• Large, complex plumbing systems
  • Showerheads and sink faucets
  • Decorative fountains and water features
  • Cooling towers (structures that contain water and a fan as part of centralized air-cooling systems for buildings or industrial purposes

Hotels, resorts, and cruise ships often have some or all of these risk factors. Hospitals and long-term care facilities too!

How Are Cases Like Legionnaires’ Disease at St. Margaret Hall Diagnosed?

Many cases of Legionnaires’ disease go undiagnosed. This is because symptoms present very similar to other pneumonia illnesses and specific tests are needed to properly diagnose the illness. It can even be indistinguishable with a chest x-ray.

A recent study estimated that the actual number of Legionnaires’ disease cases could be as much as 1.8 to 2.7 times higher than what is actually reported.

This is unfortunate, because Legionnaires’ disease can be treated with certain antibiotics, which significantly improve the patient’s outcome. This is important when statistics show that 1 in 10 people with Legionnaires’ disease die from complication of their illness.

There are two diagnostic tests for Legionella infection. Urine antigen tests and bacterial cultures.

Urine Antigen Test

The most common diagnostic test for Legionnaires’ disease is the urine antigen test (UAT). This is a quick test that detects a molecule of the Legionella bacteria in the patient’s urine. If this test is positive, a bacterial culture is performed to confirm the diagnosis.

Bacterial Culture

The best diagnostic method is isolation of the potential bacteria on a culture medium.

Lower respiratory secretions (e.g., sputum, bronchoalveolar lavage, etc.) are grown on media that supports the growth of Legionella bacteria. If it grows, it is Legionella, and the patient likely has Legionnaires’ disease.

This isolated sample can be used in genetic testing that may connect related strains of other patients to identify a cluster outbreak or an environmental sample that determines the source of the infection.

Have You Been Exposed to Legionnaires’ Disease at St. Margaret Hall?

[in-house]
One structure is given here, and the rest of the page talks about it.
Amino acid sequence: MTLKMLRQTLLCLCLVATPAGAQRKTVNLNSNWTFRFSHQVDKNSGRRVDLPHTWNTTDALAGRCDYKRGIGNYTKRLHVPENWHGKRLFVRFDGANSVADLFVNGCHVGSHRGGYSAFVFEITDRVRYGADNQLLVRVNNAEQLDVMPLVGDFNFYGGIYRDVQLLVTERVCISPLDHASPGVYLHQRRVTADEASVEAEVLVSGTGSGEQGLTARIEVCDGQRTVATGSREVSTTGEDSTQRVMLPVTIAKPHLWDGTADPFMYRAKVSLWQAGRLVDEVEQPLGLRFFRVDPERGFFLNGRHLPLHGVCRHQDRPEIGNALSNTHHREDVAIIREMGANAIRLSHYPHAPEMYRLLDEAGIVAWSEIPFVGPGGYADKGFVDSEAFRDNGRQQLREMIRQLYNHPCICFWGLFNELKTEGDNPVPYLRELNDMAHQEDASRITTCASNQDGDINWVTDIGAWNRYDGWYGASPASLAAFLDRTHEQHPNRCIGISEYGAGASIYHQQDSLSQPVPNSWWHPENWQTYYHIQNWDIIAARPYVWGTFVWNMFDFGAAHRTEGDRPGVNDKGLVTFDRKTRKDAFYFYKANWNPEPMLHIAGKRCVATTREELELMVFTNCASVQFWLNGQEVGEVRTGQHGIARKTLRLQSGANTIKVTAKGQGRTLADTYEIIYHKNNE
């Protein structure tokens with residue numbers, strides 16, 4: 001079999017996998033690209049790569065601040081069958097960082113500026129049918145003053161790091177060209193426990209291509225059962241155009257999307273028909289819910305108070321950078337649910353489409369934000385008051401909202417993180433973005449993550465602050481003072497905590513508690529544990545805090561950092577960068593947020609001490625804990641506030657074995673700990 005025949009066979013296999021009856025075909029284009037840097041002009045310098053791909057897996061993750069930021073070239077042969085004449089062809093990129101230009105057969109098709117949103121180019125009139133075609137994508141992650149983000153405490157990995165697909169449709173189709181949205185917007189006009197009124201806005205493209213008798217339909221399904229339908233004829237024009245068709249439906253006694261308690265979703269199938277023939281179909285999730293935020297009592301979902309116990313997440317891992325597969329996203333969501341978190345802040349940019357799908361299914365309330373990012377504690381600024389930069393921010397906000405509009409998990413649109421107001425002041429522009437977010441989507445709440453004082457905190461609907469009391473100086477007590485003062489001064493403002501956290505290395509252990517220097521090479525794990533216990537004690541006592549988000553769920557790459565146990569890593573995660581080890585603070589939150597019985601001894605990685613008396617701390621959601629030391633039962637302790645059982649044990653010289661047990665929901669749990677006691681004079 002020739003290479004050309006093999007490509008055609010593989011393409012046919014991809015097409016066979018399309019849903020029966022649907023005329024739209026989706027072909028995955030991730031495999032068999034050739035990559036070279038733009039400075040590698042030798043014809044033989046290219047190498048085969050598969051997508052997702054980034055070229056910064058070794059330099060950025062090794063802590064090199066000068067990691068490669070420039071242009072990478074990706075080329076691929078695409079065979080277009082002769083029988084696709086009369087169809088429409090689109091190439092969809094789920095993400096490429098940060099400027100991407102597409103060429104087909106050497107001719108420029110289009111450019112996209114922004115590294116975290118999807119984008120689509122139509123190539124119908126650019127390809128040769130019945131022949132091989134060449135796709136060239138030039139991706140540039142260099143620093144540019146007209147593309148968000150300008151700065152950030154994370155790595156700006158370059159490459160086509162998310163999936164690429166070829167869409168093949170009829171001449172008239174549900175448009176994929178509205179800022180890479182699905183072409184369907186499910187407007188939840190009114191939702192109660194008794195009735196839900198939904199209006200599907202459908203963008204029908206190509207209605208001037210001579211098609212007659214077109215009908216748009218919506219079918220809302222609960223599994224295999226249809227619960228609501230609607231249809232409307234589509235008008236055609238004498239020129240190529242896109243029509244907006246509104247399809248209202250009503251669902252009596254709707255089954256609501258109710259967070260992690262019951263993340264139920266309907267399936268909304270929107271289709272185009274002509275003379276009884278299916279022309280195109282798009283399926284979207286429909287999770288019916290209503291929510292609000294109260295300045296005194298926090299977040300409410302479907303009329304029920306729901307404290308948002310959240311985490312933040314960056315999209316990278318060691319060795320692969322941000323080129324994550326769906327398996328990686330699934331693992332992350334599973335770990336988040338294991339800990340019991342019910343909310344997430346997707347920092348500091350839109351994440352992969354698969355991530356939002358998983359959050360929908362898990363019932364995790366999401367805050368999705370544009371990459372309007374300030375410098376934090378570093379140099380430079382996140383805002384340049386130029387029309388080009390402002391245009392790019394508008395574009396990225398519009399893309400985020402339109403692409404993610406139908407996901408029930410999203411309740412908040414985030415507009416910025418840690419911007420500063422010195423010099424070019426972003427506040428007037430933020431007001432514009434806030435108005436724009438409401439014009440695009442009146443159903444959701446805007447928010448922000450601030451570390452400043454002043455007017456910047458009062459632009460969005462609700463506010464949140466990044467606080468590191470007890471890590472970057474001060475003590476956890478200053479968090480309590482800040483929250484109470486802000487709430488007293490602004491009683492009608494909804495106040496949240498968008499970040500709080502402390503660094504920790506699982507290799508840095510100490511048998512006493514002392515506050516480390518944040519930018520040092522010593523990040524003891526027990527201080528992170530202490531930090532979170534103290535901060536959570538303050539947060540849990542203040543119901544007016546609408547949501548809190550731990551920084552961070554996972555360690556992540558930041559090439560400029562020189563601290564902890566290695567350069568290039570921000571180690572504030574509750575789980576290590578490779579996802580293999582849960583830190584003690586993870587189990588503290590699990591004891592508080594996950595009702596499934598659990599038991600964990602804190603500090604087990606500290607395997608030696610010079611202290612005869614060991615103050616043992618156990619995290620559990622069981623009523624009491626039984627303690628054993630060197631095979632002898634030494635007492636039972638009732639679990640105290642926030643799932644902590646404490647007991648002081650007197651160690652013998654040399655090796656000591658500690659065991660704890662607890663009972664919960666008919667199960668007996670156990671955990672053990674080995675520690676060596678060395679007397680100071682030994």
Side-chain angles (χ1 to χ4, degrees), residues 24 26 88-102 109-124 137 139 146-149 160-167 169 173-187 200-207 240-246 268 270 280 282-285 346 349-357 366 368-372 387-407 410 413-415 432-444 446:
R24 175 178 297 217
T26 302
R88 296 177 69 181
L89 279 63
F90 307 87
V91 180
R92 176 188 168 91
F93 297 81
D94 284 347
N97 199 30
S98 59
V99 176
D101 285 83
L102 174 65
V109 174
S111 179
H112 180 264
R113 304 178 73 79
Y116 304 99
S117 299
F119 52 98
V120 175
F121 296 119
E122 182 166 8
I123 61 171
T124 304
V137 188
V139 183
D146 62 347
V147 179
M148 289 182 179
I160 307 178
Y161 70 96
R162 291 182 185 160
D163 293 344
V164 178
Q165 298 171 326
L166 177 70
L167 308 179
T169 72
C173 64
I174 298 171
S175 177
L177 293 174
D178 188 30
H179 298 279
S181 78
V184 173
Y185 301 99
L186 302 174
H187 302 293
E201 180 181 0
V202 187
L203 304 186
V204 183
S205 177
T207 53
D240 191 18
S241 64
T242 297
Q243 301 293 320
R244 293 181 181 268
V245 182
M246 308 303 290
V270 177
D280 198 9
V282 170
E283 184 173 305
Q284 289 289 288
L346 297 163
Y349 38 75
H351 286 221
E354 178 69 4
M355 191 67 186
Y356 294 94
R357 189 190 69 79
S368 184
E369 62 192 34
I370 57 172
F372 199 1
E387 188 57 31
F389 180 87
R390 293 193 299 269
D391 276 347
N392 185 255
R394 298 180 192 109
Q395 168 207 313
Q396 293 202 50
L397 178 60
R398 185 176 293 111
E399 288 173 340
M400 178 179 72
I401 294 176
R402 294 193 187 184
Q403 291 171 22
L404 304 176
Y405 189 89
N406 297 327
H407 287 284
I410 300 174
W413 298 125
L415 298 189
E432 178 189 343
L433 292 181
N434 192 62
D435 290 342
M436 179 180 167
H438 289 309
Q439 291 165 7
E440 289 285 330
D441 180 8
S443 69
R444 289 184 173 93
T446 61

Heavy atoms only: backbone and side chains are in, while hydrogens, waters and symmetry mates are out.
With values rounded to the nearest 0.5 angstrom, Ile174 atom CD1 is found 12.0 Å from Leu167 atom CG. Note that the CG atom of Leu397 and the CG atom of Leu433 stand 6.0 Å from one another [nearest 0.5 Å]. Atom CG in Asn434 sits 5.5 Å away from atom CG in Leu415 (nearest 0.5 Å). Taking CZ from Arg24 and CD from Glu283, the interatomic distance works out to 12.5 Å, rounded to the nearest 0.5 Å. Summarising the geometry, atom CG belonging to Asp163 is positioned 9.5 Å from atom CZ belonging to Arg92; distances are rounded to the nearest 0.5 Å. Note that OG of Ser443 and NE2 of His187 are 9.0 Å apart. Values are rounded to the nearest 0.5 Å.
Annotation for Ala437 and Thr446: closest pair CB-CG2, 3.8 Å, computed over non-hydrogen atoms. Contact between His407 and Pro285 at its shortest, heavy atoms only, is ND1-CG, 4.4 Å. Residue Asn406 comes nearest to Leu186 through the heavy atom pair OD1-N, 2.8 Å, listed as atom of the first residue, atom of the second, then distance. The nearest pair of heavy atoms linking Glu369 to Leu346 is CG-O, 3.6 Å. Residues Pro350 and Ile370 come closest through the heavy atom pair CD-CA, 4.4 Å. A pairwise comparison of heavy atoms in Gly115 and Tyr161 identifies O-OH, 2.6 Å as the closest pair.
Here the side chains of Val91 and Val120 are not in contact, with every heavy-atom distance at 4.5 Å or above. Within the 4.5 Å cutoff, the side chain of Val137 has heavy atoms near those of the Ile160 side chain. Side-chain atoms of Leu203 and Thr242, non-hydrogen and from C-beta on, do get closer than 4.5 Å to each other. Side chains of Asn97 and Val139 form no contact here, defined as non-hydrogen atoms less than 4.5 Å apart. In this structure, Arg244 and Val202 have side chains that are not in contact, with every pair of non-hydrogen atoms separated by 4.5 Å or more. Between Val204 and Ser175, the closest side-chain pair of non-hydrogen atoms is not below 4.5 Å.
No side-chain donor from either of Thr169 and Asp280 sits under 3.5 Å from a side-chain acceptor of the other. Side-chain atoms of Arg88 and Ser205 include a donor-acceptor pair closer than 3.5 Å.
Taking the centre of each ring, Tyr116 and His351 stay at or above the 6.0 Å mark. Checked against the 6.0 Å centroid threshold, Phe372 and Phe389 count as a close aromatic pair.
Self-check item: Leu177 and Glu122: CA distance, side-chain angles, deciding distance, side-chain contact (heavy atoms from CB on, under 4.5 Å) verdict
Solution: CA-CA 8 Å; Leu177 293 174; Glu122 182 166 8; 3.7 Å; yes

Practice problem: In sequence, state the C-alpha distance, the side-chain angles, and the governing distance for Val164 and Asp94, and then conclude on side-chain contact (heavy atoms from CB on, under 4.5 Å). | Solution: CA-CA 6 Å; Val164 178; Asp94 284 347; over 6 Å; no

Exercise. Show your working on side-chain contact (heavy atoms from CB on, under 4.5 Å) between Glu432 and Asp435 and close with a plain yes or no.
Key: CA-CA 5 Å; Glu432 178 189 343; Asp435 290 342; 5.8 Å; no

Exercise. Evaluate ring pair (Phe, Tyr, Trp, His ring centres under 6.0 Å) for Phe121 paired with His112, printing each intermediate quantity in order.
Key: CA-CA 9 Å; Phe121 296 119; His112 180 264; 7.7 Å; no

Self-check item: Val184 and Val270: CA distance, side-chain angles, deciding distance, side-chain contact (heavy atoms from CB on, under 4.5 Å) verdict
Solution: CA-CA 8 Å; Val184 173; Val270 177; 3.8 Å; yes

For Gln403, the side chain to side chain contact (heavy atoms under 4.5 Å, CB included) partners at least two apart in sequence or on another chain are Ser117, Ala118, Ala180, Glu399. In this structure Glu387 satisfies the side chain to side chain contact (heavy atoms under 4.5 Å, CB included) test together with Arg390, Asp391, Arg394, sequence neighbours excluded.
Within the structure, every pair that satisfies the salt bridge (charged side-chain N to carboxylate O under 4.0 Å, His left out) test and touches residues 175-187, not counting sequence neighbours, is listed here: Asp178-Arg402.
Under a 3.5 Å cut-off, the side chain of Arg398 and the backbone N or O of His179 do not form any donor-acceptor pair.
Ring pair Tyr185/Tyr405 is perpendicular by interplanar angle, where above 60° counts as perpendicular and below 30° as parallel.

Have you been exposed to Legionnaires’ disease at St. Margaret Hall? If you are in the higher risk group, there are several things you should consider.

Monitor for Legionnaires’ Disease Symptoms

If you have been exposed to Legionnaires’ disease at St. Margaret Hall, you should monitor for symptoms for 2 weeks after your potential exposure.

Common symptoms include typical pneumonia symptoms such as acute onset of lower respiratory illness with fever and/or cough.

Other symptoms may include:

  • Muscle aches/pain
  • Shortness of breath
  • Headache
  • Malaise
  • Chest discomfort
  • Confusion
  • Nausea
  • Diarrhea
  • Abdominal pain

Notify Your Healthcare Provider If You Experience Symptoms

If you experience Legionnaires’ disease symptoms, notify your healthcare provider. Prompt medical care and indicating potential exposure risks can expedite specific treatment for Legionnaires’ disease. This could dramatically impact your outcome for recovery.

Contact a Legionnaires’ Disease Lawyer

If you have become sick with Legionnaires’ disease at St. Margaret Hall, consider contacting a Legionnaires’ disease lawyer.

The experienced Legionnaires’ disease lawyers at The Lange Law Firm, PLLC have represented many families with Legionnaires’ disease cases. Their knowledgeable team has recovered millions of dollars to help families and hold those responsible accountable for their actions.

Call (833) 330-3663 or email here for a free consultation.

By: Heather Van Tassell (contributing writer, non-lawyer)